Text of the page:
Scotland player ratings: All but one defender score low, current and former Celtic duo shine, Jacob Brown verdict
We rate each Scotland player out of 10...
Zander Clark: There was much unfair sniping in the direction of the Hearts man over the two goals conceded by Scotland in Georgia last week. More will come his way over another three as he was retained in goal against the Norwegians, and the mishit, bobble-up effort that eluded him in the third minute didn’t look great. But he has been unlucky more than anything in these past two games. And, as he did late on, made some decent saves. 6
Nathan Patterson: The pick of Scotland’s back four did not betray the stand-offishness of his compatriots in this domain in attacking his tasks. Reflected in his crucial goal-saving block to prevent Aron Donnum’s fair-travelling effort finding the target just before the interval. An intervention offset by his slip as Mohamed Elyounoussi was able to head in Norway’s late equaliser. 6
Jack Hendry: A surprise absentee for last Thursday’s 2-2 draw in Georgia, it was difficult to determine whether Scotland’s backline appeared destabilised by his absence or the switch to a back four. Getting himself into a fankle in the moments leading up to Norway’s opener then appearing sluggish as he allowed Jorgen Larsen to steal in as he made it 2-1 for the visitors after 20 minutes, tipped the answer to that poser in the direction of the latter. 5
Scott McKenna: A fourth straight start for his country but three goals that Norway helped themselves to at Hampden as he never looked entirely comfortable on a night he was booked won’t help alter perceptions that the Nottingham Forest man is back-up for Steve Clarke when others are available. 5
Greg Taylor: So much came down Scotland’s left in the opening period, it could only be suspected that the Norwegians had identified the Celtic man as a weak link. Certainly, he has struggled not to make the Tartan Army rue the injuries to Andy Robertson and Kiernan Tierney this past week. 5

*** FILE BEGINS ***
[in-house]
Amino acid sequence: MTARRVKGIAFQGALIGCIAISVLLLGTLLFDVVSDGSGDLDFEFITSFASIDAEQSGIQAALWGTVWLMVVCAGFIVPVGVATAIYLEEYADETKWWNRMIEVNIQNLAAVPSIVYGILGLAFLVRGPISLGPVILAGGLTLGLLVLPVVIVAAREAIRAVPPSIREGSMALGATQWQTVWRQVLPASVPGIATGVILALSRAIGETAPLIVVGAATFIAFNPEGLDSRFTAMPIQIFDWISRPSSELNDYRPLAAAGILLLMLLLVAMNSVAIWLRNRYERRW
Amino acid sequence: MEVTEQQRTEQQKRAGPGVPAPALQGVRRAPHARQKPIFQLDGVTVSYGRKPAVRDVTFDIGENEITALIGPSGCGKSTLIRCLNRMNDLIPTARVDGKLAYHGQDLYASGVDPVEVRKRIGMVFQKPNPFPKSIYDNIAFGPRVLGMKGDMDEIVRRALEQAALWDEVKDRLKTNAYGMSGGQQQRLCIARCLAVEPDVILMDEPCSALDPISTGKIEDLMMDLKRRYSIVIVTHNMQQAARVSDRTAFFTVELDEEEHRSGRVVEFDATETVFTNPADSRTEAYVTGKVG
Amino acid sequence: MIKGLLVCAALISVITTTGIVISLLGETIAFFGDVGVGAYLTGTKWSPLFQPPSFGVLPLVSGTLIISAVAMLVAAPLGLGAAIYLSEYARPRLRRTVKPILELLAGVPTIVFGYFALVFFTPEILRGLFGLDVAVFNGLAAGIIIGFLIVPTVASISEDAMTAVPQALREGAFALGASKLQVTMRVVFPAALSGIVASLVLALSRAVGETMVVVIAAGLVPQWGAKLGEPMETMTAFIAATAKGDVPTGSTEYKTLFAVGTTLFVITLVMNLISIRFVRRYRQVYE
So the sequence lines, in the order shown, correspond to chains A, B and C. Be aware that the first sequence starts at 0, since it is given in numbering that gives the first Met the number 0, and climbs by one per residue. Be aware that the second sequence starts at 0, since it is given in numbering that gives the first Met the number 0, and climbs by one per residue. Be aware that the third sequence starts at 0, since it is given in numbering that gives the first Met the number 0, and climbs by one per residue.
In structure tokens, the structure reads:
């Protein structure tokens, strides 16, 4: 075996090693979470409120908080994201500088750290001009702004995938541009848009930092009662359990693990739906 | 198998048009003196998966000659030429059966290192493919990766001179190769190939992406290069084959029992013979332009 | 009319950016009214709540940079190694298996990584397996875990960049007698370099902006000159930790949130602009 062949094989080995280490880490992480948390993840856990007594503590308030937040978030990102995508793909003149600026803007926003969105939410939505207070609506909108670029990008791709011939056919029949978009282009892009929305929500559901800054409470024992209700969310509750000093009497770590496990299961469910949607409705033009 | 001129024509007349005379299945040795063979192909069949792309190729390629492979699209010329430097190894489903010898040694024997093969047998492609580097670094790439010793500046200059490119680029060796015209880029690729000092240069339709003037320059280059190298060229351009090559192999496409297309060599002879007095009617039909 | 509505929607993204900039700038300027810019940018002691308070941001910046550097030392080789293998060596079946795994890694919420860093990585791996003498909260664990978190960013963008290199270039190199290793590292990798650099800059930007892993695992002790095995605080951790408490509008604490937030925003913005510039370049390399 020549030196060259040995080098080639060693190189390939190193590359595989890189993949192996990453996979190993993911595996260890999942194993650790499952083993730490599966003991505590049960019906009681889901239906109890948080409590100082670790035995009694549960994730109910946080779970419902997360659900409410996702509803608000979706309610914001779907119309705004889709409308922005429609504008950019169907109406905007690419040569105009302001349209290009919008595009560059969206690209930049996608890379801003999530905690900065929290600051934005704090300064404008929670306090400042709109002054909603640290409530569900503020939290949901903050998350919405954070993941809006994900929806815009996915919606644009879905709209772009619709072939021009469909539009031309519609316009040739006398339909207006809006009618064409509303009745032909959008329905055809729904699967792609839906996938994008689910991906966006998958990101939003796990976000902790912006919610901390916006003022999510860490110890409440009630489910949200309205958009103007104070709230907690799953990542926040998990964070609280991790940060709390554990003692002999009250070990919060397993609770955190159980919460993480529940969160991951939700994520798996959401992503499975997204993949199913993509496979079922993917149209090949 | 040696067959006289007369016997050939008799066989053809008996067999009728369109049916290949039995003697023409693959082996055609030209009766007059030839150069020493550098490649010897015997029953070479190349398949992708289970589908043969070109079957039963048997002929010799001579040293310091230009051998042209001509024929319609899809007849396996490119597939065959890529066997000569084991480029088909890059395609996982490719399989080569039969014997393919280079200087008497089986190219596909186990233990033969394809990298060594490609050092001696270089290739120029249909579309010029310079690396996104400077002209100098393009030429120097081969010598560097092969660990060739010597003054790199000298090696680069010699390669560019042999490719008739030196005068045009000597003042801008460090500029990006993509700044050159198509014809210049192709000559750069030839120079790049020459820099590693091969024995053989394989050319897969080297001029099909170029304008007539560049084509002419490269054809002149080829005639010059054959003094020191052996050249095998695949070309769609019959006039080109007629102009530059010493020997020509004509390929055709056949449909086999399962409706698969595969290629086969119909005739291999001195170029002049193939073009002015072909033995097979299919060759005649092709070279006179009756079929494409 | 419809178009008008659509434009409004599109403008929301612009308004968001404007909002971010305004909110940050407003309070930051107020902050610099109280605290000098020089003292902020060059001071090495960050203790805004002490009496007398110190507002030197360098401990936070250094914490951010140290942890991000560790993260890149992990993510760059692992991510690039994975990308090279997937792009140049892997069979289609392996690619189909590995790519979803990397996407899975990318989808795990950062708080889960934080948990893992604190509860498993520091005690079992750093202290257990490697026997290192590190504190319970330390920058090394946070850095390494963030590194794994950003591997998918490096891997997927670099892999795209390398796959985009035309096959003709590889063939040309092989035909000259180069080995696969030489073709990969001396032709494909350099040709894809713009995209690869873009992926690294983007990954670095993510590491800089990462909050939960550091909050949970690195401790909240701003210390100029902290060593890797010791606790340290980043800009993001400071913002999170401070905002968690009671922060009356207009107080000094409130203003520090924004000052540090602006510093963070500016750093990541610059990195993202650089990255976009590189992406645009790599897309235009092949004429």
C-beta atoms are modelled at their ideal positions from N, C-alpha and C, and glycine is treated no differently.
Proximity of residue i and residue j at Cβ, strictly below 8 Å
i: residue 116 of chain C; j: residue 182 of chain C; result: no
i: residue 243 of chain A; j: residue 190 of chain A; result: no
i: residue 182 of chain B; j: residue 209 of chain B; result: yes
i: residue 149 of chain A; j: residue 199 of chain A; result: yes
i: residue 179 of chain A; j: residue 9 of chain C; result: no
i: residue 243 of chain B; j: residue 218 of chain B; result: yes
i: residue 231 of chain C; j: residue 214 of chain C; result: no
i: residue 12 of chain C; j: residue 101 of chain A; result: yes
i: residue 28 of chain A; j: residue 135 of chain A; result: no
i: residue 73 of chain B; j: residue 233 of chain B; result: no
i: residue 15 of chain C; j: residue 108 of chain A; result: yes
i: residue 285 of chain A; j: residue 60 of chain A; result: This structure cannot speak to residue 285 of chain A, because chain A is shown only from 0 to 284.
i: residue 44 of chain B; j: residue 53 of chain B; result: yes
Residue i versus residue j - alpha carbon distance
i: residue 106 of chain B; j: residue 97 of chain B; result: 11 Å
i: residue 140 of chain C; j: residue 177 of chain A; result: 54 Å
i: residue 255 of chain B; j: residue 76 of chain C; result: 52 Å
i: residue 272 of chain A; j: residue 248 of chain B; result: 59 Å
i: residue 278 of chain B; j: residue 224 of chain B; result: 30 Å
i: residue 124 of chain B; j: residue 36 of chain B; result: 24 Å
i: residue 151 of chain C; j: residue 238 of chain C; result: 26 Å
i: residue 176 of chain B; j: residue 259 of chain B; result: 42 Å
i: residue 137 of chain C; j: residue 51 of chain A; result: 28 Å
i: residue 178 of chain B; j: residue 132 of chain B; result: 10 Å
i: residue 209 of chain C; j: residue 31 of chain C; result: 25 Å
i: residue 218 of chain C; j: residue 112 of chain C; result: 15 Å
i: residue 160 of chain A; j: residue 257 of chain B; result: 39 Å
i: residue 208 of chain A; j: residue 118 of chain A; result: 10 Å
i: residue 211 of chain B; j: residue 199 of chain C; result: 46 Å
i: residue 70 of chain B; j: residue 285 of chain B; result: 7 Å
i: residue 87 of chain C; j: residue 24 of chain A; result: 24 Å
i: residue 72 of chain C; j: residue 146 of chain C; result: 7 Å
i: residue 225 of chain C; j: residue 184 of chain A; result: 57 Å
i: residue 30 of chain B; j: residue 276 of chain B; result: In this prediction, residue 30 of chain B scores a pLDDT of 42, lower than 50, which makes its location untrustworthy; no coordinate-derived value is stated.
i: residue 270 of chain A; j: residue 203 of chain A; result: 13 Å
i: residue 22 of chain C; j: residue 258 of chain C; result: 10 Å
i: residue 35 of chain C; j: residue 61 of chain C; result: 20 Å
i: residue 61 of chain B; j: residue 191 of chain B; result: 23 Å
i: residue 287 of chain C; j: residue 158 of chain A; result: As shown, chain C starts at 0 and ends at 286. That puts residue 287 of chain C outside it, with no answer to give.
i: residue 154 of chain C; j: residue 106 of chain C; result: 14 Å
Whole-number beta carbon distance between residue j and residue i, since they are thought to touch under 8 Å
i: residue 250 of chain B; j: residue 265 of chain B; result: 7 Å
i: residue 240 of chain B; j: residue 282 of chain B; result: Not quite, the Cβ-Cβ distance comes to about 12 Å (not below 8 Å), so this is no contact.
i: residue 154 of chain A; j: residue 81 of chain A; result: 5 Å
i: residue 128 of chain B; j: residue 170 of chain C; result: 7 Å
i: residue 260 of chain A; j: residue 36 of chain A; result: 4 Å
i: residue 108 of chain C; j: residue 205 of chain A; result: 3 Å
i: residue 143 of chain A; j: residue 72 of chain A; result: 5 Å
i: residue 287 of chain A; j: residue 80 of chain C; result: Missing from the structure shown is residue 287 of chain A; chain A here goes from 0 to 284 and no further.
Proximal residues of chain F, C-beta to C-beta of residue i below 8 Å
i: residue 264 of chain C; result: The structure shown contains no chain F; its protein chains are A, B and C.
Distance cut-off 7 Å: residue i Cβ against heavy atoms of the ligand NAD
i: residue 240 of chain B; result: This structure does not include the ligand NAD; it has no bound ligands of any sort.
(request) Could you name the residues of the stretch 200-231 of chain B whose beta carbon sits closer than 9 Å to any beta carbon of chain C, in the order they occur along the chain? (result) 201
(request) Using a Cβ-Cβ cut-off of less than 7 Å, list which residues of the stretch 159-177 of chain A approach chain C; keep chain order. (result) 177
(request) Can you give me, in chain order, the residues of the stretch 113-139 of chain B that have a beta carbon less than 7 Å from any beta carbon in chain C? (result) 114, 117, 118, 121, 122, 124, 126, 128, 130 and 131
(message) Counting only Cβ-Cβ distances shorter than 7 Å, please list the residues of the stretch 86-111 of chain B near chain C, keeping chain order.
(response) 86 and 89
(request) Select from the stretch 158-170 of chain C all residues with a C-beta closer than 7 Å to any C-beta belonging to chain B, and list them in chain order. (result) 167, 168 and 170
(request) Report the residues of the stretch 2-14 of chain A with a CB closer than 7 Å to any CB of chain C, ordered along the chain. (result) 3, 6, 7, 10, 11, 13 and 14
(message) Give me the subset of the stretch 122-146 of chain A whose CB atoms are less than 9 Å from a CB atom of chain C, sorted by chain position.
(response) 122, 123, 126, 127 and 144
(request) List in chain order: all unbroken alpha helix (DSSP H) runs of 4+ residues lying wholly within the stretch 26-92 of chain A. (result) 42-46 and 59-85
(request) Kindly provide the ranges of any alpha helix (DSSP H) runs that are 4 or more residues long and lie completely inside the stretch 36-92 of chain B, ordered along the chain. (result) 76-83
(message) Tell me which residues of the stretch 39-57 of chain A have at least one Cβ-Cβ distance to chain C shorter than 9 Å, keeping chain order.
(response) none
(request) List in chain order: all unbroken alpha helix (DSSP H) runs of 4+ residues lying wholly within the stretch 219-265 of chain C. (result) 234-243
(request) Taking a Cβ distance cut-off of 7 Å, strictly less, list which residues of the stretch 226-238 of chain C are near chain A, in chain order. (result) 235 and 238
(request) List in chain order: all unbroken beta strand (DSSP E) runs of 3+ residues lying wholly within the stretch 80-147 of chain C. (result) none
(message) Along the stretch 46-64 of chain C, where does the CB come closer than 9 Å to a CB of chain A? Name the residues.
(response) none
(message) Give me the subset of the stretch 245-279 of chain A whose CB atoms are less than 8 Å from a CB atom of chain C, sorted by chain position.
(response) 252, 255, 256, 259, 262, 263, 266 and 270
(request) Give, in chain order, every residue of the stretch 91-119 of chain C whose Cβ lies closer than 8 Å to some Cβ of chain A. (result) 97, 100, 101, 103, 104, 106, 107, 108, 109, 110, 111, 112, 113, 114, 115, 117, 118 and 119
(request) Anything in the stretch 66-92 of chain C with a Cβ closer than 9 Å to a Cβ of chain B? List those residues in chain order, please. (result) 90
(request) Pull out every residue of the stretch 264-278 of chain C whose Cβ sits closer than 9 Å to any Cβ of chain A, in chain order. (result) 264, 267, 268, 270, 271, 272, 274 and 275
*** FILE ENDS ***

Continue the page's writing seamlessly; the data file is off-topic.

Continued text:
Scott McTominay: Another goal to cap his free scoring, freewheeling Euro 2024 campaign with an eighth to give him the Scottish record for a qualifying campaign proved elusive. And so did much else in an unusually unremarkable outing for Steve Clarke’s men. 5
Callum McGregor: The one home player who showed impressive composure in a scatty, see-saw first half, the Celtic captain proved once again he is a lynchpin of Steve Clarke’s set-up, however he configures his central area. 7
Stuart Armstrong: The precision finish he produced in the 59th minute - following fine combination played with John McGinn - justified his first selection in a Scotland XI since the opening evening of the Euro 2024 campaign. And gave him only a second strike at this level in four years. Made way for Ryan Christie in the 70th minute and Scotland lost a little of their rhythm then. 7
John McGinn: He should really have a little scar on the side of his cheek and bulging biceps (he probably does possess the latter) because he really is Scotland’s Action Man. The Aston Villa captain can be all legs, arms and rear end, but so often he is right on the scene when it happens for the national team. As illustrated by his cool penalty to make it 1-1 in the 11th minute - which moved him on to 18 goals for the country and up to sixth on the all-time scorers’ list alongside Kenny Miller - and his set-up play for Armstrong’s strike. 7
Kenny McLean: A first start for his country at Hampden in two-and-a-half years could be perceived as reward for his role in the Oslo miracle pivotal to Euro 2024 qualification. Alas, the game seemed to largely pass him by - save for his head grazing the corner that led to the luckless Leo Ostigard turning into his own net in the 32nd minute. 6
Jacob Brown: For all the mumping about his inclusion ahead of new Scotland darling Lawrence Shankland, the Luton striker could hardly be begrudged a first start for Steve Clarke’s men having dutifully turned up for many a squad without receiving much game-time for the past two years. That said, it must be acknowledged - unstinting industry apart - little came off for him across his 70 minute run-out to suggest his next start will be any time soon. 5
Subs: A triple change in the 70th minute meant appearances for Lydon Dykes, Ryan Christie and Lewis Ferguson. Wasn’t easy for any to make an impact, a fact even truer for Ryan Jack, a 78th minute replacement, and Lawrence Shankland, introduced in the 89th minute.
Want to join the conversation? Please or to comment on this article.